Archive for the ‘Sam Olens’ Category

Southern Baptist leader: Jesus wouldn’t like health care panels

On C-SPAN this morning, Richard Land, president of that arm of the Southern Baptist Convention that concerns itself with national issue, was asked by a caller to justify his opposition to President Barack Obama’s health care overhaul.

Said Land:

”I don’t think Jesus would support the rationing panels that are in place for Obamacare. I’m getting letters every day – every day – from people who are already being rationed care since the new head of Medicare came in. They’re being told if they have terminal conditions, they can’t get treatment for other diseases.

“Even Mr. Obama said that perhaps it wasn’t the best allocation of resources to give his grandmother, who was dying of cancer, a hip replacement. So I guess she can hobble around in terrible pain with a bad hip while she was dying of cancer. I don’t think that’s very Christian, ma’am.”

The president’s grandmother, Madelyn Dunham, died of cancer at age 86 in 2008, two days before her …

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The busy attorney general across the street

Something was different about the night the Legislature shut down, and it wasn’t the hovering protesters or shoving matches among lobbyists outside the chamber.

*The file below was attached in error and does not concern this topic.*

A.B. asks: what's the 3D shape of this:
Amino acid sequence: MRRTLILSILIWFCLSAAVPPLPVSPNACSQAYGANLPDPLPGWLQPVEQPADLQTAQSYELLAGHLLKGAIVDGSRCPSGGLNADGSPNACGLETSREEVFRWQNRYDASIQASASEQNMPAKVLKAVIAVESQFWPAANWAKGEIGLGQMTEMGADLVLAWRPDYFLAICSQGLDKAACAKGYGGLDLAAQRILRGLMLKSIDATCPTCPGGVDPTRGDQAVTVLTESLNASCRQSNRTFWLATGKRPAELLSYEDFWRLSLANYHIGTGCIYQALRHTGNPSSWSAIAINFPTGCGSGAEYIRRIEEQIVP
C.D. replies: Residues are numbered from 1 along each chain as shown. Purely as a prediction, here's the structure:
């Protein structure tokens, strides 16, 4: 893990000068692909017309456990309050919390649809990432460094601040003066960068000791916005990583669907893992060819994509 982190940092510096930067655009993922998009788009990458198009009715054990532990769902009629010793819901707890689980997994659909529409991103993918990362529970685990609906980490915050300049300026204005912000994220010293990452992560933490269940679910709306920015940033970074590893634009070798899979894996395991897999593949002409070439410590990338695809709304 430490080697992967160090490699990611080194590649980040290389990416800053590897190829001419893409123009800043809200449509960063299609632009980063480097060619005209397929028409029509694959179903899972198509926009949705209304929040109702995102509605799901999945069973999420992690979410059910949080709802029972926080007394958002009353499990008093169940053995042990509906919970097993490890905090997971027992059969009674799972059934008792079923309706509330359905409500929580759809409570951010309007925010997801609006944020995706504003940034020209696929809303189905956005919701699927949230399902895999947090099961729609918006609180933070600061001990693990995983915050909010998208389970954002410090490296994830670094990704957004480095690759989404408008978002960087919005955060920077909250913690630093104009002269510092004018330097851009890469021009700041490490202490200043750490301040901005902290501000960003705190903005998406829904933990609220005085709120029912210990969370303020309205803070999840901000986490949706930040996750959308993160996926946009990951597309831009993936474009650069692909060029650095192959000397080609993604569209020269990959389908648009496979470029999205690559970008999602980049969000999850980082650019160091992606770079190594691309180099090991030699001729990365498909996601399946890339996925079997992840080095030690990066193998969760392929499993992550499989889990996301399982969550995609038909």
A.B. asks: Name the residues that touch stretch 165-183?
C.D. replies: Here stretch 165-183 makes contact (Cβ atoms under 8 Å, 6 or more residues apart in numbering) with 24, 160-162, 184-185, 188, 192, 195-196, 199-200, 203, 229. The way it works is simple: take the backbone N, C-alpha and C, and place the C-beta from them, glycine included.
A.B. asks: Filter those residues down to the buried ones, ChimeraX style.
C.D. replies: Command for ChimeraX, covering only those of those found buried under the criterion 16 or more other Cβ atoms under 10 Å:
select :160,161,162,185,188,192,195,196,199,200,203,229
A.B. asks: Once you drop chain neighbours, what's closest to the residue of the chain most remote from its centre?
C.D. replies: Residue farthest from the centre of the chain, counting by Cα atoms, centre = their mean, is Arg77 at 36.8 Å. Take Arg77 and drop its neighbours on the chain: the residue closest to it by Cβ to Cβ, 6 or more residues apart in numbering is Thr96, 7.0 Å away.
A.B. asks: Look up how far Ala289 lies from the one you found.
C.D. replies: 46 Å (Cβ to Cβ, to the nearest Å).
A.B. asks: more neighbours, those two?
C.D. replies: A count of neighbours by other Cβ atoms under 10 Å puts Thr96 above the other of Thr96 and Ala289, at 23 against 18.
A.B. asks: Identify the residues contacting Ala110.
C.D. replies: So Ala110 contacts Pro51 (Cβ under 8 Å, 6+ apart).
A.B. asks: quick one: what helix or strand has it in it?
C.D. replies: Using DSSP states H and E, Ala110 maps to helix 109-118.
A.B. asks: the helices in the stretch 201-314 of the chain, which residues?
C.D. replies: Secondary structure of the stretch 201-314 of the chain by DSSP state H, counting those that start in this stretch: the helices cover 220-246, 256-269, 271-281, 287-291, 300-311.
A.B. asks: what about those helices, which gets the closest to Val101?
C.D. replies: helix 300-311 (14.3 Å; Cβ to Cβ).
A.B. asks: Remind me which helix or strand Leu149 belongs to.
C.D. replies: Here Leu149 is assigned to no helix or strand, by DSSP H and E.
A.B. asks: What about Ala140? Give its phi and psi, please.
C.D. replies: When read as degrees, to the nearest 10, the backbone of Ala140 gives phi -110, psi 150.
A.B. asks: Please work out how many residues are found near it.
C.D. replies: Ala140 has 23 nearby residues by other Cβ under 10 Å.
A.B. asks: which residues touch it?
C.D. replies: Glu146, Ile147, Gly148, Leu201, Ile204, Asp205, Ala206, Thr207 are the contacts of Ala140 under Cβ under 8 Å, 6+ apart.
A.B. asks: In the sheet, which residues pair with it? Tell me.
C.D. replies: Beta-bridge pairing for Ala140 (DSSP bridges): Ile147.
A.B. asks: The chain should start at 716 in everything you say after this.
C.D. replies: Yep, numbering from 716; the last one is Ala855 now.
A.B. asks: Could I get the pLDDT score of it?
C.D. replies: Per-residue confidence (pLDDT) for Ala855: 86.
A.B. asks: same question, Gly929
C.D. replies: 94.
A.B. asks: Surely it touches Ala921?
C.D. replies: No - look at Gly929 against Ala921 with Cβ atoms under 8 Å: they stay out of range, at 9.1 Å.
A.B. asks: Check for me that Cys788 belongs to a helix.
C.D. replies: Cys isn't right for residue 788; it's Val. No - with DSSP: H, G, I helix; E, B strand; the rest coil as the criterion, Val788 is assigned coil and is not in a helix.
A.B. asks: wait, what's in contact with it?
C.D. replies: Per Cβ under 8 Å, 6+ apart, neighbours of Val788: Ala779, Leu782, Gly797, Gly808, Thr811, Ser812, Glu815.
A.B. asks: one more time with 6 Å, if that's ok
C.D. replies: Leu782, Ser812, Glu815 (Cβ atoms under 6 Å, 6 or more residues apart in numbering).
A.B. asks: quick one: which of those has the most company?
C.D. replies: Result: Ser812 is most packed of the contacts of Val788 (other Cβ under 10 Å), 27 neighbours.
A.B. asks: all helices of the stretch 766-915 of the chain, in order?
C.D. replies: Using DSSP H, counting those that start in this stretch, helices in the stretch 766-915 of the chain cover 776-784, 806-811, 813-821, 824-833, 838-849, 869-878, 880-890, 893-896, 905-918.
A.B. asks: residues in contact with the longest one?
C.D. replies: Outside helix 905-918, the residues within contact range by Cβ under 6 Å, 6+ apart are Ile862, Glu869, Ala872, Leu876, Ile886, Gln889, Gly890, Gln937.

Nor was it the sneaky, last-minute amendment, or the bottles of oak-aged stimulant tucked inside this cloakroom or that.

Georgia Attorney General Sam Olens

Georgia Attorney General Sam Olens

No, the most unusual sight on that Thursday evening was Attorney General Sam Olens on the House floor, attempting to push through the last of his four bills.

The measure, intended to stop the spread of “pain pill mills” in the state, didn’t make it. But it was Olens’ only disappointment of the week, which began quite prominently in a pew before nine U.S. Supreme Court justices.

For three days, Olens shuttled between the health care arguments in D.C. and his legislative package in Atlanta. On the far end, simply by witnessing the high-court sessions, Olens established himself as the lead Republican voice – at least, in Georgia, one of the suing states — …

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Your morning jolt: A last-minute slap at criminal justice reform

Gov. Nathan Deal’s criminal justice reform bill, which should win final approval on this last day of the legislative session, has been widely applauded for its attempt to reduce the size of Georgia’s prison population.

So a critical editorial in the Macon Telegraph came as something of a surprise. A few paragraphs: